Around the World Question


Premier Member
To put it simply, what the heck is it?

I noticed that ride listed in the big ride list, and it intrigued me so I clicked on the link to read more about it. The description is simple: "Ride around the globe in seveal trips, returning home between trips" and "Ride around the globe in one continuous trip" for Gold. That got the wheels in my head turning. How can you possibly ride around the globe in one continuous trip? You can't go over the poles, even with the most robust ADV bike. You're also going to have one heck of a time making it over the Pacific with any land based vehicle. Clearly, that's not what it is. What could it be?

Then those pesky wheels started turning again. The circumference of the Earth is basically 40,000 KM. Ah, maybe it's 40,000 KM with some travel on each continent. Now that kinda makes sense. But if it was that, wording to that effect would be in the description page. Oh, dummy, look at the big list of certified rides and see what info is there. Ugh, why didn't I think of that sooner? So that's what I did. I searched for "Around the World" in the big cert list and found a few. Yep, there's a few. Lots of info given too. 14 to 35 countries visited, most around 15. Between 3 and 5 continents visited. Wait, I guess that means you don't have to hit each continent. KM counted is between 20,000 and 50,000. Wait, I guess that means it's not a 40,000 KM based ride. Oh, wait, I got it! Most of the world is water. The land portion of circumnavigating the Earth is probably around the 20,000 KM mark. I guess you could fly from continent to continent and rent a motorcycle for the land portion. Except that you probably can't rent a motorcycle then ride it through several other countries. I doubt a rental agency would ever allow that. Oh, the certs only list 1 bike for each rider. Must be a ferry of some kind over the water, then a ride across the land. Ah, now I gots it! I r smort!

At least, I briefly though I was smort! Alas, no, I are not smort. Something about that just doesn't seem right either. How could you possibly return home between each trip like that? Also, passage for yourself and a motorcycle across the Atlantic and Pacific oceans? That's gotta be expensive as hell! But a high financial gate on an IBA ride? That isn't what the IBA is about. Surely, that's not it either. Now I'm pretty much clueless as to what this ride is about. It's clearly not riding the distance of Earth's circumference, or even riding on each of the continents. So, what the heck is it?


Premier Member
Yes I did. I ain't scurd o' no rabbits! If you read the whole post, then you followed my path down that hole. Don't do that. I'll just get us both lost. Speaking of getting lost, did you remember to bring some water?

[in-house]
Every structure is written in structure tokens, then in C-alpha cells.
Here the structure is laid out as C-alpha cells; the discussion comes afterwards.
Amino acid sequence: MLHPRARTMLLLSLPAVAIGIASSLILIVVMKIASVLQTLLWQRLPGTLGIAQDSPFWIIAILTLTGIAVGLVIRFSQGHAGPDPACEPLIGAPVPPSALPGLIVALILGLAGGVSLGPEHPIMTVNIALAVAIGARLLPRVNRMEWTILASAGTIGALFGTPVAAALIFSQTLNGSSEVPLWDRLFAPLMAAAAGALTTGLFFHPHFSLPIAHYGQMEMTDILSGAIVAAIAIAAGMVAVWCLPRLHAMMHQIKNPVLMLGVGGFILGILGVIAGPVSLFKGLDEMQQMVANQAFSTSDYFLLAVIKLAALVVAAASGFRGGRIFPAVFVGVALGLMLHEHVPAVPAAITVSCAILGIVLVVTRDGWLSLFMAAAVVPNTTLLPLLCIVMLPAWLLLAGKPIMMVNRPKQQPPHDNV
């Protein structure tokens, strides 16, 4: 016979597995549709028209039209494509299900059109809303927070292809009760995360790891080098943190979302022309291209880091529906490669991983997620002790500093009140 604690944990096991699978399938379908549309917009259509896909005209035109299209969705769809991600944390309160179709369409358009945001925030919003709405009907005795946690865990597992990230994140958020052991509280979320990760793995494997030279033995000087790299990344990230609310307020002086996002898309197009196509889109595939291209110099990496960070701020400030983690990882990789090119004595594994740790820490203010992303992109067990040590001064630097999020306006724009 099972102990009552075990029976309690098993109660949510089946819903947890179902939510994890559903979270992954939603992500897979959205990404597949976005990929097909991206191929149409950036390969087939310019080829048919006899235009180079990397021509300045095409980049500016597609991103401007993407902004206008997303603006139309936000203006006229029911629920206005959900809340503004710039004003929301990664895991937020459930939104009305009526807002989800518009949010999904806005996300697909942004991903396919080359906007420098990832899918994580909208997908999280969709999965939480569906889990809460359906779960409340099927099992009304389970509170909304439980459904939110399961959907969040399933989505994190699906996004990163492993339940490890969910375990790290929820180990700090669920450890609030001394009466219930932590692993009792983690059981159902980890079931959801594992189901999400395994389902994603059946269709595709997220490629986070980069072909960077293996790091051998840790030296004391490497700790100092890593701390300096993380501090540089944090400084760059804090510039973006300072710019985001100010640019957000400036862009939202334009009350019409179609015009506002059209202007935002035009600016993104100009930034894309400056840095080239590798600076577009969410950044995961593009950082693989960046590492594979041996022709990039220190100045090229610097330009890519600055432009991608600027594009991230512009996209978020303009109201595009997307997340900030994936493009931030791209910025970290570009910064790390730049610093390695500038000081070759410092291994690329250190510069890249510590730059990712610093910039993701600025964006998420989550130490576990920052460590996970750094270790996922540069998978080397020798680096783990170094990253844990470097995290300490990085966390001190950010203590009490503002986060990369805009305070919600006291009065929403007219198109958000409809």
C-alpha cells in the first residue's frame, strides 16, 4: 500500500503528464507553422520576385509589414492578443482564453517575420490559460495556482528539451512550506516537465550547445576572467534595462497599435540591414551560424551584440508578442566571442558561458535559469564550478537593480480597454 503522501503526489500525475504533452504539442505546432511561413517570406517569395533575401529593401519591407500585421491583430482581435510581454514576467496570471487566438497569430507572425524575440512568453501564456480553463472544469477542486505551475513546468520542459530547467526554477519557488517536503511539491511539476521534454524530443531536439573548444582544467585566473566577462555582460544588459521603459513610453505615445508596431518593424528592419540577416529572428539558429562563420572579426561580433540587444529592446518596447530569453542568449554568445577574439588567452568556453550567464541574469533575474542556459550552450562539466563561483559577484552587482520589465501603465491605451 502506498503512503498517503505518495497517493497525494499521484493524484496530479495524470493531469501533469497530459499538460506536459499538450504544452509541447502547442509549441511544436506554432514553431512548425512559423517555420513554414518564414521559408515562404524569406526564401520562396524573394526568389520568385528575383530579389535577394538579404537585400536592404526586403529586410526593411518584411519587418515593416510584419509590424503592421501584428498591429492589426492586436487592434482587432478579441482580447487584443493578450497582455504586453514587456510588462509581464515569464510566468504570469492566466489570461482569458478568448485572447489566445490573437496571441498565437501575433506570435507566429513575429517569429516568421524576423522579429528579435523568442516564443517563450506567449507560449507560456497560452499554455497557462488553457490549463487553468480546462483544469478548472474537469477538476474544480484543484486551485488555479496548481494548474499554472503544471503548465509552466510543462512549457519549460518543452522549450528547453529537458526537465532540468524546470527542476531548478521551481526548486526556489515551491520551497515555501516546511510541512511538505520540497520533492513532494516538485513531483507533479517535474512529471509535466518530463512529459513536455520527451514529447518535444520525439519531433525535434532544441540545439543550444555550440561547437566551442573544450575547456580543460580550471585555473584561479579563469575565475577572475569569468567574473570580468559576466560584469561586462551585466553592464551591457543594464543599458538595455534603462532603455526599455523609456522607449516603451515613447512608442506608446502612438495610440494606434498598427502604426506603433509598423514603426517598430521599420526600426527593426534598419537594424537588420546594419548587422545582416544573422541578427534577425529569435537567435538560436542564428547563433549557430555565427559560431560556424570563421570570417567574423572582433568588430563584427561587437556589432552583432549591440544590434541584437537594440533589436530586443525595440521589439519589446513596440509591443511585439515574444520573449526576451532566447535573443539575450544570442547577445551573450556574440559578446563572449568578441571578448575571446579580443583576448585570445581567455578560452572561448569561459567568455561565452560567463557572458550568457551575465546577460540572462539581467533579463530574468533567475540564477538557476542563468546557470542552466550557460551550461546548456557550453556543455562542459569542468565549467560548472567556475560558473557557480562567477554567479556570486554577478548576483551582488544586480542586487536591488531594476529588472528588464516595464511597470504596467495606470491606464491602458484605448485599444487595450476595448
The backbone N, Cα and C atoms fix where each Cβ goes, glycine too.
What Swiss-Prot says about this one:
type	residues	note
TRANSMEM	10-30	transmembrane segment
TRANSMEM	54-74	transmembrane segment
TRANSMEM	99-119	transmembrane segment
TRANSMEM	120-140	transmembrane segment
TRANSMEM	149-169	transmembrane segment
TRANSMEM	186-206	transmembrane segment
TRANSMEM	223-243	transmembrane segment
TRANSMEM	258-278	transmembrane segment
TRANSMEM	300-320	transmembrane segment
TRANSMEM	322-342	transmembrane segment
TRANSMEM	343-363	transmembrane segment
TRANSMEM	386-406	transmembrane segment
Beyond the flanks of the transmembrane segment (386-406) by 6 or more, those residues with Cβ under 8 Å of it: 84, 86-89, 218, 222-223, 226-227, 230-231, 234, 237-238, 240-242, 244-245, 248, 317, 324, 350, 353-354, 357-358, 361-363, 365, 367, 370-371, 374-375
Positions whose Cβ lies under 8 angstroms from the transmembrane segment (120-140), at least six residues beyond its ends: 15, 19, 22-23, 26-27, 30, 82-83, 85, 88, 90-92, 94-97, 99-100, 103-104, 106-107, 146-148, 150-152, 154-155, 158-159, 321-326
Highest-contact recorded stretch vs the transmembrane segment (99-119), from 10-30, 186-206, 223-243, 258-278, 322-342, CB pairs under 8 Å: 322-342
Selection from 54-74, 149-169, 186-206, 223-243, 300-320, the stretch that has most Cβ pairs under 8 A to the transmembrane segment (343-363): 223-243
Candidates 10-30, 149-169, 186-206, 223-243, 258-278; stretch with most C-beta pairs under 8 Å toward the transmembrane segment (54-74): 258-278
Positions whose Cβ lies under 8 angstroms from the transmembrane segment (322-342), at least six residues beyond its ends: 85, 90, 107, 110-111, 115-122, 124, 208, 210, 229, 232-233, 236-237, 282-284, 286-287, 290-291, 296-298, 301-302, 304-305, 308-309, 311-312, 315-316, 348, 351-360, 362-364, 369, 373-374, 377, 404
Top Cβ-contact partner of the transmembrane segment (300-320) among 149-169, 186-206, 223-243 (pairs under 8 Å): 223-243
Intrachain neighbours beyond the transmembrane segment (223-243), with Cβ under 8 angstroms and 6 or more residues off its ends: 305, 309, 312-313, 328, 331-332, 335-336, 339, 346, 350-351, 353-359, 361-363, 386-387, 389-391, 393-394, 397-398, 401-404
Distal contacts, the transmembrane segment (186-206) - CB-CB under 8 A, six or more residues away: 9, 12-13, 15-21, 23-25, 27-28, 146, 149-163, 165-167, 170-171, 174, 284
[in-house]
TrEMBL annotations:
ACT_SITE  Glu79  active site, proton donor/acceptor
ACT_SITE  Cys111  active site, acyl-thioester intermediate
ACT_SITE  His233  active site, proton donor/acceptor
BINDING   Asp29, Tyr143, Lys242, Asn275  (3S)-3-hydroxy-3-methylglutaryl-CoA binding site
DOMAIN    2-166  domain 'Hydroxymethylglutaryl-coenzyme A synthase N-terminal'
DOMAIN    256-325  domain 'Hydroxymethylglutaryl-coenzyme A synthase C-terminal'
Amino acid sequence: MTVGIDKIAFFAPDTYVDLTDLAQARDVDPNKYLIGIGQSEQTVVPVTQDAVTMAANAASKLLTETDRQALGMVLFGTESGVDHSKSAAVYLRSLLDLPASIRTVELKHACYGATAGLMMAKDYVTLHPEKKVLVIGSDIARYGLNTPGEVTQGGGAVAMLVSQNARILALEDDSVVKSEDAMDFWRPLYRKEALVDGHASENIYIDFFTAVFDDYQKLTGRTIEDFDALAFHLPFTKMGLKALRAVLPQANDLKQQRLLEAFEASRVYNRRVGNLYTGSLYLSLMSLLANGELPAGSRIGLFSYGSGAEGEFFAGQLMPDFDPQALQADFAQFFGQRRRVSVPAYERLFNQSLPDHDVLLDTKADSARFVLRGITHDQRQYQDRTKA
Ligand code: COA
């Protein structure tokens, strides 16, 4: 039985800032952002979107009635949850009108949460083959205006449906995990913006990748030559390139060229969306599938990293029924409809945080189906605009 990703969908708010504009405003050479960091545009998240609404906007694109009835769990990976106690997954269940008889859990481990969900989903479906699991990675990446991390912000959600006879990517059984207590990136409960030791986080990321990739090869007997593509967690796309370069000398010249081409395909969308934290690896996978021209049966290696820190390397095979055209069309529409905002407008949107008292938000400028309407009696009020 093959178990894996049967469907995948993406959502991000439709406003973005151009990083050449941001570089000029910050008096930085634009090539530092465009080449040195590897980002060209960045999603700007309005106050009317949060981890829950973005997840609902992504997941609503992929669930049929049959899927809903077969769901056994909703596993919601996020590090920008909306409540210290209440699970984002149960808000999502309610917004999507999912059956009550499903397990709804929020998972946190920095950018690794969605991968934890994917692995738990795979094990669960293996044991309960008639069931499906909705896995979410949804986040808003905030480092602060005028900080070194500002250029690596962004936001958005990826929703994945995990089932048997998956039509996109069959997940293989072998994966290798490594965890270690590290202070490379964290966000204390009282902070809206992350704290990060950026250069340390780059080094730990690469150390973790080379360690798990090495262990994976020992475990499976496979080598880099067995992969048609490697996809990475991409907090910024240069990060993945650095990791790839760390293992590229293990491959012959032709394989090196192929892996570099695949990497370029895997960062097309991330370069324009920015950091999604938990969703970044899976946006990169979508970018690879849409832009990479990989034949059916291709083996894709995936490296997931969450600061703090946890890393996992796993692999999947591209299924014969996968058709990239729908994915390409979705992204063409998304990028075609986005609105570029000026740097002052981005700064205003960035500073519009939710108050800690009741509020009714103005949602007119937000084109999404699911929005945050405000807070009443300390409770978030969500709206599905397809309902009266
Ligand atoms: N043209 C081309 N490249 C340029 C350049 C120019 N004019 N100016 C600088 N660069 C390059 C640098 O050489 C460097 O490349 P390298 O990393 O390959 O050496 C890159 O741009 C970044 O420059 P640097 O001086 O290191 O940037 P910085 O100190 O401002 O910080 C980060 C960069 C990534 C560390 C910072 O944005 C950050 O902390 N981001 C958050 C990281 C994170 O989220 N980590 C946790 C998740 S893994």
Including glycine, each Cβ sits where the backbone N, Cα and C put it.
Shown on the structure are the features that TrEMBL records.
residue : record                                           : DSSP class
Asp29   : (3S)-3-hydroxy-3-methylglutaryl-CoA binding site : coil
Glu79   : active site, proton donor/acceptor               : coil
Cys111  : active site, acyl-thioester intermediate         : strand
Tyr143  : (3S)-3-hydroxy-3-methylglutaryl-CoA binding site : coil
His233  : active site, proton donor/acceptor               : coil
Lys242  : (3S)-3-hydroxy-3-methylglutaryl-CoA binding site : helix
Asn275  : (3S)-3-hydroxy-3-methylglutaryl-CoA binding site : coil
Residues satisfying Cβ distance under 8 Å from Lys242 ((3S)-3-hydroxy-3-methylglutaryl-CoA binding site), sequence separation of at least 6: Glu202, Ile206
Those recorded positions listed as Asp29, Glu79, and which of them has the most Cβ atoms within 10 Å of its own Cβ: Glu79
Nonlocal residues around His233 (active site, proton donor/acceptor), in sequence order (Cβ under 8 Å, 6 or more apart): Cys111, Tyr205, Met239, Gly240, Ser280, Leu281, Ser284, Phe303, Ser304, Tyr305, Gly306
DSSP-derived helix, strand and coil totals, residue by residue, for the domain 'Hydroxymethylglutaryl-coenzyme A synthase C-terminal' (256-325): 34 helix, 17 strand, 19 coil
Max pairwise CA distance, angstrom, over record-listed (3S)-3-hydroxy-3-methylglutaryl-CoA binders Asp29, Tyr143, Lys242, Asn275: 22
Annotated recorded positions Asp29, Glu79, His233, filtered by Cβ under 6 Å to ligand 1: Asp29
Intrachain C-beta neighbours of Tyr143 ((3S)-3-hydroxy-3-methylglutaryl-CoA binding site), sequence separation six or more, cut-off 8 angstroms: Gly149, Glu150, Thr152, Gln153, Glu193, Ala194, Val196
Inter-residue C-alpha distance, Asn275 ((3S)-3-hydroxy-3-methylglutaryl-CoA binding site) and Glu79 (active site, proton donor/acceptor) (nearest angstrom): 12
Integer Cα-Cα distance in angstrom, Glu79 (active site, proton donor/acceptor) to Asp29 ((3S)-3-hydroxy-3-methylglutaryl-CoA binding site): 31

Premier Member
IBR Finisher
CB the continous part refers to time, not terra firma.

Riding it in bits can be done by riding your bike for a chunk of days/countries/continents, leave your bike roughly where you parked it and fly home. In a few weeks/ months/ paychecks fly back to where you left it and carry on for another chunk. You could of course fly your bike back and forth for each restart. o_O$$$$!!!

A 'round the world trip is unlikely to be cheap, nor easy for anyone. But the two options (continuous vs several trips) give any grand adventurer the option to choose whether they are time-poor or money-poor.

Some of us non-US riders do incur great costs crossing the Oceans already....

And as for rental agencies, just about anything is possible - it just takes money. Perhaps lots of money.


Premier Member
IBR Finisher
Some airlines will fly your bike, and you, across the ponds to a limited number of destinations. This would be part of your planning process. Air Canada is one, during a specific time period during the summer months, as I recall.

You can ship your bike for a reasonable cost, relatively speaking. Ship traffic takes longer, so most people ship the bike well ahead of when they fly to the destination, then arrive a few days before the ship arrives and sort out visas and other travel docs before picking up their bike. This sometimes requires crating and disassembling, fuel drainage, etc. Certainly things to learn about prior to jumping in.

In most cases, you'll pay far more in rental than just buying a bike locally. The advantage to buying a local bike sometimes means parts for that bike are readily available, rather than a high end BMW or Ducati, or model not sold in that country where parts would have to be air shipped to you if you broke down.

It's not usually hard to find a place to store a bike in many countries. Finding a place you trust, that will keep your bike maintained for months while you plan your return may be more difficult. There are known people and businesses in Europe and other regions. (surprise, you're not the first to think about these things)

The transport mileage doesn't count. It's not about how many miles/kms you ride, it's about a route that moves you around the globe. Some take years to do this kind of ride. Some travelers take decades to complete it, living abroad, working abroad, life happening to them during the lulls in their travel.

Others are on a mission and ride as much as they can during each 'season' for the part of the world they want to cover on each leg. You wouldn't want to cover the USA in Winter, for example. Or Southeast Asia in Monsoon season.

Go ahead, plan and dream. Most of us don't want to do this level of adventure, but it's ok to dream about doing it. :) For some it's just about closing the garage door and going. They figure the rest out as they travel. Brave or clueless? Some of both helps. Being confident in your ability to deal with problems and sort out things on the fly helps a lot. But you really have to WANT this kind of adventure. Many do. Many don't.